A phonogram is a combination of phoneme and grapheme. In Greek, "phone" means sound; "gram" means a written letter. Each grapheme stands for one phoneme in a given word.
The representative words below show the phonemes taught for each grapheme. The Riggs method teaches these 118 combinations in the first four weeks of school. Young children learn these combinations quite easily, together with letter formation, margins, and spacing through a multi-modal and Socratic, direct instruction and dictation process. These grapheme --> phoneme correspondences form the first building blocks for the Riggs Institute's integrated language arts method. (Riggs students also study syllables, morphemes, and Greek and Latin roots.)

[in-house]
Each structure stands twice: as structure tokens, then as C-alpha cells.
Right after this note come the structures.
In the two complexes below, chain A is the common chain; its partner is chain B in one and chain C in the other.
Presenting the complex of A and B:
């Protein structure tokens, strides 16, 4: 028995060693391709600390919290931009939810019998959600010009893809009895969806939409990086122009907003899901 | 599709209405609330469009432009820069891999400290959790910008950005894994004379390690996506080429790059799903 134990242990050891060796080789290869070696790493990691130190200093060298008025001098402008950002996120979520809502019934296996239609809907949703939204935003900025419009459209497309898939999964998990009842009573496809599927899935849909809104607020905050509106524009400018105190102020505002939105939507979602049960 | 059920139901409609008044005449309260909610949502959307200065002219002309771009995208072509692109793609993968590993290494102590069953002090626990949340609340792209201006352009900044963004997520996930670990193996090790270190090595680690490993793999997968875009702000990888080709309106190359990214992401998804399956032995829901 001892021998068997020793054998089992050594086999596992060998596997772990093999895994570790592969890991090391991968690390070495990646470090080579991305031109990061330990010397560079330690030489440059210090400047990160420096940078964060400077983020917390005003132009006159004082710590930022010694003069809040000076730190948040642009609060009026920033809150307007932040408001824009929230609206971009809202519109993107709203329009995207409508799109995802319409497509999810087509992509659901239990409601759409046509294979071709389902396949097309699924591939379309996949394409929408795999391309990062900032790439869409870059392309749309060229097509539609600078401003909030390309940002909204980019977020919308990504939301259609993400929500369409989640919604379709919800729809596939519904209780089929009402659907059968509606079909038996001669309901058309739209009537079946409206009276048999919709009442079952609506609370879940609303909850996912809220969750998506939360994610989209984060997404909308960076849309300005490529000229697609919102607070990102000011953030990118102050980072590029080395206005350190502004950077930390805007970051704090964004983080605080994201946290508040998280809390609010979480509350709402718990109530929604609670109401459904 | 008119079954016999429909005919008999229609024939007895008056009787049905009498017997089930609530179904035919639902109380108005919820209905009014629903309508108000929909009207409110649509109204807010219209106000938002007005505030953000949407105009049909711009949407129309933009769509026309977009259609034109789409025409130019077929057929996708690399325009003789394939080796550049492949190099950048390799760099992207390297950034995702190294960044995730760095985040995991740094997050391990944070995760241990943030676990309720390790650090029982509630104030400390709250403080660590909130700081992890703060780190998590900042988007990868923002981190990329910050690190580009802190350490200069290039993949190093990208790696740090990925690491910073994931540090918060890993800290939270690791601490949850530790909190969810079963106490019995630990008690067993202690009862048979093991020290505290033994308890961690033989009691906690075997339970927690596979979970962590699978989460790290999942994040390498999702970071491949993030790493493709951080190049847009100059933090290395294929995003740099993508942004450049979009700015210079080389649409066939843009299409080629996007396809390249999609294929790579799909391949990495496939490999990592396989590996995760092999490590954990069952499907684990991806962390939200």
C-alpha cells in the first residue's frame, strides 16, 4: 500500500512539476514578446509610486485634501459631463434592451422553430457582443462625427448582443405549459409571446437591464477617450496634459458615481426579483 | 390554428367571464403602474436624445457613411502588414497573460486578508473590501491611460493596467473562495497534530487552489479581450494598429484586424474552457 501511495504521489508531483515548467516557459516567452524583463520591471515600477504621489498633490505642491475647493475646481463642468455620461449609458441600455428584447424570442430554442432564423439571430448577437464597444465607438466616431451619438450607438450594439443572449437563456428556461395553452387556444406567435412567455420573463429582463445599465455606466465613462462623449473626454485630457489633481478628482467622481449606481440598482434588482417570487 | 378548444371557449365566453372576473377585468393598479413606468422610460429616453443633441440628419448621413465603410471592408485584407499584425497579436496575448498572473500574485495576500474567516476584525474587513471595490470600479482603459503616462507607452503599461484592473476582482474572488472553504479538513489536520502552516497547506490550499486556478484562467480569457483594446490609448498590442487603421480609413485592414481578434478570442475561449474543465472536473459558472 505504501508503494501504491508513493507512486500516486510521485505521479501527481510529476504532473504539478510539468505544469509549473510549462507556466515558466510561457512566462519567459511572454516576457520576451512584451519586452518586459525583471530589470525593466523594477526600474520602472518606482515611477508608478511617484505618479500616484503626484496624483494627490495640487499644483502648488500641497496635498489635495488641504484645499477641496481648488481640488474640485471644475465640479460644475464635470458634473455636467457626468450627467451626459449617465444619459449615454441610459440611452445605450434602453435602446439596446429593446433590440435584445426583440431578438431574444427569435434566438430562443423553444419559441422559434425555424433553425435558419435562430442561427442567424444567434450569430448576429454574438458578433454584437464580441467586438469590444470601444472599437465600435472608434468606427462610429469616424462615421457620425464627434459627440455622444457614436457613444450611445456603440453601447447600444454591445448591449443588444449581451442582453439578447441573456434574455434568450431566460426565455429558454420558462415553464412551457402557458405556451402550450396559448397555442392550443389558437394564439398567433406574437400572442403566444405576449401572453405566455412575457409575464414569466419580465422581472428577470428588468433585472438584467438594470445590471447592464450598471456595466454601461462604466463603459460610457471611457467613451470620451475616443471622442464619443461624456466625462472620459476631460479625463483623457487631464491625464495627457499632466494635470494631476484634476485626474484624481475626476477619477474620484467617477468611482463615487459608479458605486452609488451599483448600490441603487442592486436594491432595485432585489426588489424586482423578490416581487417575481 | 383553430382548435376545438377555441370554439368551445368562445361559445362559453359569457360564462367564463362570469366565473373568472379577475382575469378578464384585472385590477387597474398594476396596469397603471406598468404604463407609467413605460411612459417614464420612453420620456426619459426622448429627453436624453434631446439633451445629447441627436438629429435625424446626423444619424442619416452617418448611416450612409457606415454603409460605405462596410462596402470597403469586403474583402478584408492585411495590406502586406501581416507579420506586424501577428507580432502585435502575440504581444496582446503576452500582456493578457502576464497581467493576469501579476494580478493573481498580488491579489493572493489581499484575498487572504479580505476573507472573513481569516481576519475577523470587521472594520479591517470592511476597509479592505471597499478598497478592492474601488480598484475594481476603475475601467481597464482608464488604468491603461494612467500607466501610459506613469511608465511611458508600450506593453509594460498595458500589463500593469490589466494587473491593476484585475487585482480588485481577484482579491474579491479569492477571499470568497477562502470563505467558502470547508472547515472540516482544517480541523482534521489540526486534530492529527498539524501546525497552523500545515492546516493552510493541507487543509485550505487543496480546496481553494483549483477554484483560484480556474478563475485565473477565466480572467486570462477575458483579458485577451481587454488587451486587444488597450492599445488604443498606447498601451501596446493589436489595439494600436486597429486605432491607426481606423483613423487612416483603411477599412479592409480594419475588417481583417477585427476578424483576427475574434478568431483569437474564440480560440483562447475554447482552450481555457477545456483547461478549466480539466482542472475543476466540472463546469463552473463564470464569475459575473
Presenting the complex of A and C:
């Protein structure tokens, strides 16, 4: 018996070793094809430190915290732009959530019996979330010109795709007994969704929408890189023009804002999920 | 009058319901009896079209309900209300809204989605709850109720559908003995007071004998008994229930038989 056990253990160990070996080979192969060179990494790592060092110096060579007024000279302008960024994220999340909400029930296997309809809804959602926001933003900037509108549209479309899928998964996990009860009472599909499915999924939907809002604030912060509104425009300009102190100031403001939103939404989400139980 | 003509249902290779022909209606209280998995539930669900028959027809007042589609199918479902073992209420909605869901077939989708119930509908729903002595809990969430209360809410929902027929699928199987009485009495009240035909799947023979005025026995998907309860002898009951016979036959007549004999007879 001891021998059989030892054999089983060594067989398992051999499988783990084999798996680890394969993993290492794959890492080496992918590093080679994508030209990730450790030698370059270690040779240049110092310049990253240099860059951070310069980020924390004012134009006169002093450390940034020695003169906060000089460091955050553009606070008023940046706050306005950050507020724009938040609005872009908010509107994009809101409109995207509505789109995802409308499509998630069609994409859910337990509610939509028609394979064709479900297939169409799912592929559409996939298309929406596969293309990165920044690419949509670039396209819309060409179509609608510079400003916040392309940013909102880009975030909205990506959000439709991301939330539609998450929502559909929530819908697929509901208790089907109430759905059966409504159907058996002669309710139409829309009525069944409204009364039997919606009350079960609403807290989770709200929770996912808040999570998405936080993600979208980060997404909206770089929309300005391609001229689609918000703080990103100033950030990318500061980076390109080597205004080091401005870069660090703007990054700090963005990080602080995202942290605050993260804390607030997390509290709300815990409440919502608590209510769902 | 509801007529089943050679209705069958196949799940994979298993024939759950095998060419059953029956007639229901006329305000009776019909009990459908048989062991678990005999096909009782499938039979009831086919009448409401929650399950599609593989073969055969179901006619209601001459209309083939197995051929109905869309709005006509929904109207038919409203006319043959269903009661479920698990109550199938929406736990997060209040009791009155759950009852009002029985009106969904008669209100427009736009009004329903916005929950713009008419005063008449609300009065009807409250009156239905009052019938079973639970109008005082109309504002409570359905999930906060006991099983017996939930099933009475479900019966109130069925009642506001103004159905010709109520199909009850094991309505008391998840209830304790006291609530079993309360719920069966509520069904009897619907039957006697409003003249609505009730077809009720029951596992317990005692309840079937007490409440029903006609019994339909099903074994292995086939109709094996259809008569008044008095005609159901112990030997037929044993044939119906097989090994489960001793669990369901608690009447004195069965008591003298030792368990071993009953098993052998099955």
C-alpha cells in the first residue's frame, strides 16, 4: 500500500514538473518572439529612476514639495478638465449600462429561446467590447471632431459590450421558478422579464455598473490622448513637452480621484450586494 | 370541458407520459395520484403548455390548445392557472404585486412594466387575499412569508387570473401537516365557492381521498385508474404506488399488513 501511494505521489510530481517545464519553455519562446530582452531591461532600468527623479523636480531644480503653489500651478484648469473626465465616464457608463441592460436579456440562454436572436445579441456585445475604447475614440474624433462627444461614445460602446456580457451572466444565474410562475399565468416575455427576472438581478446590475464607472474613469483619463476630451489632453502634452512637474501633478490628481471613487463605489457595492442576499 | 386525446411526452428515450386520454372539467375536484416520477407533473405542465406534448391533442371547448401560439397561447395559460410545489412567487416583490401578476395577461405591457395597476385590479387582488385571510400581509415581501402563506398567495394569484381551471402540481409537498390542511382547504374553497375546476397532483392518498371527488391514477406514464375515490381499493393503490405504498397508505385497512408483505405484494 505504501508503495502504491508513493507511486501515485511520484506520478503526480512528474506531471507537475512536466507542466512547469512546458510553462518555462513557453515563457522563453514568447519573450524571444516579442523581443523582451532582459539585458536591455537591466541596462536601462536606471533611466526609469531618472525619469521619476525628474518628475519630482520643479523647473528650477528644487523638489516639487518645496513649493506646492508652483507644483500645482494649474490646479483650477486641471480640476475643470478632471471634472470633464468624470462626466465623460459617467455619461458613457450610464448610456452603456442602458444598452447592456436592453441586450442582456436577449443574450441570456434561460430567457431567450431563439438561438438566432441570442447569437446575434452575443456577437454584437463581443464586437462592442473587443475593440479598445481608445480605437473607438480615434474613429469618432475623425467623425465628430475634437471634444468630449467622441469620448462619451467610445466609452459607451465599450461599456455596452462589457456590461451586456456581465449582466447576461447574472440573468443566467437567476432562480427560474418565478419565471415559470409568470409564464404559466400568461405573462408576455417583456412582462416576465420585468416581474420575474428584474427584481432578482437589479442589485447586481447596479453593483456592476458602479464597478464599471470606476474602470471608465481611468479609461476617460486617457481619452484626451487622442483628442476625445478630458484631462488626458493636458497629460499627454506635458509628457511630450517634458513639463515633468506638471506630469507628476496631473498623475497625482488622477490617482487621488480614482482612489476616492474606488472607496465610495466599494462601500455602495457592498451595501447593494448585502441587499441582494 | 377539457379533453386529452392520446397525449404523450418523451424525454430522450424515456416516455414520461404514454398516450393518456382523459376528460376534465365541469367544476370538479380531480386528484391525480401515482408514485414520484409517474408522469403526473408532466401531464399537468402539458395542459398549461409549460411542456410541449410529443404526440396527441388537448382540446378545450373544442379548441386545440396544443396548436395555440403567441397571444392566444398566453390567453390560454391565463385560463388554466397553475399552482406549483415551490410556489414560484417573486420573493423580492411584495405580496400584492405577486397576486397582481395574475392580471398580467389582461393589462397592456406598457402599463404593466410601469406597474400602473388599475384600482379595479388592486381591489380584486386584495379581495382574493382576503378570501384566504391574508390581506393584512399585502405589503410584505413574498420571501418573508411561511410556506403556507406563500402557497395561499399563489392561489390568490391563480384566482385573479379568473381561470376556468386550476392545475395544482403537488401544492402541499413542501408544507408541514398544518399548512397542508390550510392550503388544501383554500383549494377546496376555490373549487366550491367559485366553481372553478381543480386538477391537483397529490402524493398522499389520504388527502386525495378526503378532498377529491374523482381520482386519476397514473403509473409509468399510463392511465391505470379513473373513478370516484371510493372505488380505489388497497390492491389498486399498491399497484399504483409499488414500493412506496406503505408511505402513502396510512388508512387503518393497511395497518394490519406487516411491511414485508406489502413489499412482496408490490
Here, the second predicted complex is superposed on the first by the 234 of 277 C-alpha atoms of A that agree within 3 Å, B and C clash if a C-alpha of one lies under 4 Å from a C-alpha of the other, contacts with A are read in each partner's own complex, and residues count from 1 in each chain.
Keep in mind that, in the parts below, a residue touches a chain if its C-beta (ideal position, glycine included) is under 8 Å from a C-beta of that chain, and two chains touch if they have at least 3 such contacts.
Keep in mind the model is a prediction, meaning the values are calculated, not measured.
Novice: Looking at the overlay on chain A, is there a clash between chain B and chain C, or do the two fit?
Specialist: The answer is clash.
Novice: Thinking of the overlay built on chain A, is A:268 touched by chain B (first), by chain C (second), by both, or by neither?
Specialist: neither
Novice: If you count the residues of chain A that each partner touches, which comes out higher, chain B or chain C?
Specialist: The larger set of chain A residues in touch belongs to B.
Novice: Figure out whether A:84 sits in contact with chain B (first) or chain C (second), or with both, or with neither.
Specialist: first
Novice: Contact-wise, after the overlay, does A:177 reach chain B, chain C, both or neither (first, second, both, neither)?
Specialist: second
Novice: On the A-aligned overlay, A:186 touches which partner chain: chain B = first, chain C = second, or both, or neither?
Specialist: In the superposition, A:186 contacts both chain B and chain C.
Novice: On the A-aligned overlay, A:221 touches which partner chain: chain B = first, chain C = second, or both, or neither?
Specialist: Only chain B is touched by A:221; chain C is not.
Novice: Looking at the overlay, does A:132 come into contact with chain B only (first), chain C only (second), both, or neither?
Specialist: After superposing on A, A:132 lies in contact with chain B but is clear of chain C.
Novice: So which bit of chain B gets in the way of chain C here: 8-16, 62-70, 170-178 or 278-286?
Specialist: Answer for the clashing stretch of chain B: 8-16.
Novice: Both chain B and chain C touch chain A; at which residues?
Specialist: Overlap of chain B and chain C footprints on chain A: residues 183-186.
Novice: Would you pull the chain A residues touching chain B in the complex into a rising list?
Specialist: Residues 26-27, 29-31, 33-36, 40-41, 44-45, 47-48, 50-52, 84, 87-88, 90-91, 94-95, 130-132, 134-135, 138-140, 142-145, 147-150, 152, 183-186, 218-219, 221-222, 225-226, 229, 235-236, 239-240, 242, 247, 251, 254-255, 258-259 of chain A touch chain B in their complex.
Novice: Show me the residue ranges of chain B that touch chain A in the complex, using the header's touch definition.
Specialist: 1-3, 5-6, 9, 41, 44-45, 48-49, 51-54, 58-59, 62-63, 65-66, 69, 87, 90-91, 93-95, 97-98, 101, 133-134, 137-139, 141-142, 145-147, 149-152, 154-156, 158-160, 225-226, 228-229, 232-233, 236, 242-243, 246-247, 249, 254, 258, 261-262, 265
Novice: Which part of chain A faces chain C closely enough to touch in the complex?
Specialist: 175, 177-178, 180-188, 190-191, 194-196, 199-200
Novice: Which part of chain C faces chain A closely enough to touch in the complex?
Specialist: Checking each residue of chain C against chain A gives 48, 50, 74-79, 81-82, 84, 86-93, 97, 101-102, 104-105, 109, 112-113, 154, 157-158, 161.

The phonograms on this chart are presented in the order in which they are taught by Riggs teachers. The first 26 are taught along with basic penmanship skills.
Riggs students practice these phonograms until they are mastered, using sight, sound, voice, and writing so that the neurons in their brains form neural networks between these modalities.
After the first 55 phonograms are taught (usually at the rate of four per day), spelling and decoding lessons begin.